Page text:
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War in Syria: The stakes for Iran

Iran sees the war in Syria as crucial to its own interests, and sees the conflict as a proxy war to prevent the spread of 'arrogant' US influence in the region.

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A Free Syrian Army fighter carries his weapon as he stands on rubble of damaged buildings in the al-Aseela neighborhood near Aleppo's historic citadel September 13, 2013.

Nour Kelze/Reuters

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Part of a series of articles looking at the regional interests at stake in Syria's civil war. The full list is on the left of your screen.

As Syria’s closest regional ally for decades, Iran is doing all it can to prevent the fall of President Bashar al-Assad. Iran’s Supreme Leader Ayatollah Ali Khamenei has warned that “fire” will engulf the Mideast if US forces strike.

Senior Iranian officials consider Syria the indispensable center of the Iran-led “Axis of Resistance” to US and Israeli influence in the Middle East, a key strategic bridge that for three decades has served as a link to the frontline with Israel and as a conduit to arm and support Hezbollah and Palestinian militant groups.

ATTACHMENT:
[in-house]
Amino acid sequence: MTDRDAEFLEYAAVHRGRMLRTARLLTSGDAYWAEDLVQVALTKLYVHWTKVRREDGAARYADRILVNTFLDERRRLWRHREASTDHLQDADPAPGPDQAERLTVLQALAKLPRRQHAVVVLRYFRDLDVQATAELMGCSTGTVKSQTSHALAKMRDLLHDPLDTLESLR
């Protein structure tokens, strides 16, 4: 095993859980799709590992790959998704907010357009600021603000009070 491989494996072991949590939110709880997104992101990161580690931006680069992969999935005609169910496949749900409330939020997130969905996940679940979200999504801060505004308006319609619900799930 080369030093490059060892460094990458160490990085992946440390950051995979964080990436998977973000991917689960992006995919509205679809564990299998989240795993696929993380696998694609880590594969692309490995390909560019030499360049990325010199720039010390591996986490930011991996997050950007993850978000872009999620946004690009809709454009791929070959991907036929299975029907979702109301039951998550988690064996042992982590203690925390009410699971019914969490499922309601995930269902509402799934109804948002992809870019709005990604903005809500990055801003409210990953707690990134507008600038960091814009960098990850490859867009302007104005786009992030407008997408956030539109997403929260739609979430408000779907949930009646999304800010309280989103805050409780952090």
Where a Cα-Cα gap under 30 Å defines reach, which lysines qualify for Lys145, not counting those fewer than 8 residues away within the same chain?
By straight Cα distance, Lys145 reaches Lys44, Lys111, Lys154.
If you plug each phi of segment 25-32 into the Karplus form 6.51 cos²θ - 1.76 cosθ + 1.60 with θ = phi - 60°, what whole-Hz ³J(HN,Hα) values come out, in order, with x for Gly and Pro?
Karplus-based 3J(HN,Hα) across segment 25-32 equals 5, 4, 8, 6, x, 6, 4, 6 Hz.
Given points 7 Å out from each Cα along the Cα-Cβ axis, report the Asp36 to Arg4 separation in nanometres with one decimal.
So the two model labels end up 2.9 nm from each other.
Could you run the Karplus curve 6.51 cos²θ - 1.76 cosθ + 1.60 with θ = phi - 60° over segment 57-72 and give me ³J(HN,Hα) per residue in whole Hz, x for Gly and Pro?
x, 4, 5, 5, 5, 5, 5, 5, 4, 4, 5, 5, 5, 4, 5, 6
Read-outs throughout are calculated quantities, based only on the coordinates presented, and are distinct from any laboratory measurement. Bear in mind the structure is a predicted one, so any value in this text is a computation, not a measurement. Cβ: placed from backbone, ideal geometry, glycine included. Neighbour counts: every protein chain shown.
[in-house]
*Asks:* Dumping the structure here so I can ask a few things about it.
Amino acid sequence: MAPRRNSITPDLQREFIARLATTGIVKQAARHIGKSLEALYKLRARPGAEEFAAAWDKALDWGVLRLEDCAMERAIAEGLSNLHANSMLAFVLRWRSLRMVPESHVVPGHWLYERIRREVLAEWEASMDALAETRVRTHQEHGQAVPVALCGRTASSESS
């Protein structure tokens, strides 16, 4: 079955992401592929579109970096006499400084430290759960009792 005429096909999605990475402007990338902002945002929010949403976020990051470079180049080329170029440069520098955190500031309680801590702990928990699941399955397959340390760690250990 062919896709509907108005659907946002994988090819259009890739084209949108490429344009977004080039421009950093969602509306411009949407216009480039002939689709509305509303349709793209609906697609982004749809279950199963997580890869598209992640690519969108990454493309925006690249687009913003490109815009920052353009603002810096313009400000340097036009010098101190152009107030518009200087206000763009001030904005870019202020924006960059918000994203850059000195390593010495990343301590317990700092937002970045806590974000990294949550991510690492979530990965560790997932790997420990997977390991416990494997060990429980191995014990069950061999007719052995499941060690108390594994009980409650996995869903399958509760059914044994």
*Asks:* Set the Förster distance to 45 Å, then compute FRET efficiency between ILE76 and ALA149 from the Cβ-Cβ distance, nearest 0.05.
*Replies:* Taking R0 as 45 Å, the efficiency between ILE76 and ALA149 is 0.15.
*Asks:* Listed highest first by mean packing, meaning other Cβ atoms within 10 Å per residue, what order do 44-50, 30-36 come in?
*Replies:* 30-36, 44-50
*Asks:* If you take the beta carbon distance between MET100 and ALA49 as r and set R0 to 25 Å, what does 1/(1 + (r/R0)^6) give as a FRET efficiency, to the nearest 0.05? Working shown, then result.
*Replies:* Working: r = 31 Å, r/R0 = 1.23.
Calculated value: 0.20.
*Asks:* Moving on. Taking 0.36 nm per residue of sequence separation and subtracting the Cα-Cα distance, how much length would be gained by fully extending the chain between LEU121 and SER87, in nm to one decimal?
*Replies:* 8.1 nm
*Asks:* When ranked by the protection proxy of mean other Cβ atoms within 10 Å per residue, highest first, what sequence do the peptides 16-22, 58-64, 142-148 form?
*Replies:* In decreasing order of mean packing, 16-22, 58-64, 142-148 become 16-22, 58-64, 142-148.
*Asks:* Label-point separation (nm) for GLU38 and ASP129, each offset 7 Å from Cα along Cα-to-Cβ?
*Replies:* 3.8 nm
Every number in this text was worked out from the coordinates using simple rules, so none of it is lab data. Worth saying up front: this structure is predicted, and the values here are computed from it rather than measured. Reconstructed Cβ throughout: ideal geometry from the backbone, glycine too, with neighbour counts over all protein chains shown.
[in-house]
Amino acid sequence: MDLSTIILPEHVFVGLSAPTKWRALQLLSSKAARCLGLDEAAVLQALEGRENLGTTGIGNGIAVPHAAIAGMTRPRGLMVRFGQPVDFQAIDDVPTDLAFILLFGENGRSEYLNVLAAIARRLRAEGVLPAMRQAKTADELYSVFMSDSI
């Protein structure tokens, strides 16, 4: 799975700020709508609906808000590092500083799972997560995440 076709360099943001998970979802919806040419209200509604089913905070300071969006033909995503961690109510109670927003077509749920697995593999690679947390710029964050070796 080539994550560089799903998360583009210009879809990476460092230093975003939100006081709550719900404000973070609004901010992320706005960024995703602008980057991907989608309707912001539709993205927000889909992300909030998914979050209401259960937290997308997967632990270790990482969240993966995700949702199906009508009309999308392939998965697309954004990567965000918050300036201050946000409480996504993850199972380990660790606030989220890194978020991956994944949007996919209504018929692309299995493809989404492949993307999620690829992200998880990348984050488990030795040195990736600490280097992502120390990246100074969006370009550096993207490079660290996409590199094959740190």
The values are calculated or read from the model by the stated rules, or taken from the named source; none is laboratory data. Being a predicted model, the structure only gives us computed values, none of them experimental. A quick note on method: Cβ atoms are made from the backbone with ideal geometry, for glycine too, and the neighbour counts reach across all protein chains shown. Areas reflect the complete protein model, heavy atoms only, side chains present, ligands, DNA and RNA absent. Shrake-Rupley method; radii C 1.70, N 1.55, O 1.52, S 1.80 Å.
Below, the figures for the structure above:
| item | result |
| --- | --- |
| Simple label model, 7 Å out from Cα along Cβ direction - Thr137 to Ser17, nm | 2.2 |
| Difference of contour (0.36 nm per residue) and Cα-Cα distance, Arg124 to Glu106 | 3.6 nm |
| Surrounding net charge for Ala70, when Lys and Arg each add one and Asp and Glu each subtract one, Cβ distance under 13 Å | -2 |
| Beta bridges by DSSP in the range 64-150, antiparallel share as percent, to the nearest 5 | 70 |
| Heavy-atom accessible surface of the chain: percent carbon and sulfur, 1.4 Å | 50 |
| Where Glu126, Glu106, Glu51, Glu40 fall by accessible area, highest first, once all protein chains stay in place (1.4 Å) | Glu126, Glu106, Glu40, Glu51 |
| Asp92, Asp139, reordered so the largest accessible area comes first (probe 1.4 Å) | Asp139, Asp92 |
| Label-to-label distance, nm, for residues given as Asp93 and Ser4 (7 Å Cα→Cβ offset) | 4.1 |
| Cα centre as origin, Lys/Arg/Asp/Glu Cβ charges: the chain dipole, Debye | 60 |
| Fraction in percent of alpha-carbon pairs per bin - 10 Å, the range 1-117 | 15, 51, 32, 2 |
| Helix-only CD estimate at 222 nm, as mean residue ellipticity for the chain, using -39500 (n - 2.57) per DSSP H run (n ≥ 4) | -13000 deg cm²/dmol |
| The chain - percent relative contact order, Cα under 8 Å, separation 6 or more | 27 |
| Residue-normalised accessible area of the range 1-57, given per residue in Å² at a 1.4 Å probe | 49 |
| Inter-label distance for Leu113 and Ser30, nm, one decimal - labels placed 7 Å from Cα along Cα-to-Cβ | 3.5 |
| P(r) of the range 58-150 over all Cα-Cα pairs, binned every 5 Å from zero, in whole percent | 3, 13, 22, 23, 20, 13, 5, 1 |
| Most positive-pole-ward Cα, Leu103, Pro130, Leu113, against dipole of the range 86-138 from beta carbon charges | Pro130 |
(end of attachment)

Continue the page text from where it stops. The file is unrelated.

For Iran the stakes could not be higher in Syria, where – by deploying military advisers and permitting Hezbollah fight on Assad’s behalf against US-supported rebels – Iran feels it is engaged in a proxy battle against what it calls the “global arrogance.”

The best outcome for Tehran is an Assad victory that ensures Iran keeps its bridgehead to the Arab world and its fighting allies. The worst outcome for Iran is a toss-up: either a toppling of the regime by American-backed rebels or by the jihadi Islamic fighters on the rebel side, who despise Iran and the US in equal measure.

Clinging to Syria has created policy dilemmas for Iran, which has cast this popular uprising not as a part of the welcomed “Arab Spring” that saw dictators brought down in Tunisia, Egypt and Libya, but as a fight instead against terrorism. 

Also a problem: Assad’s alleged use of chemical weapons repeatedly against his own people. Iran is strongly opposed to chemicals weapons use by any side, a policy stemming from being victimized by Iraqi chemical strikes in the 1980s.

Every day, powerful rhetoric supporting Assad comes from Tehran, with florid threats aimed at those who would do Syria harm, issued most often by hardliners.

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In one example, a leader of Iran’s Basij paramilitary group declared: “In case of America’s potential invasion of Syria, Basiji seminary students are eagerly prepared to stand up against the enemies and this confrontation will doubtless be their honor.”


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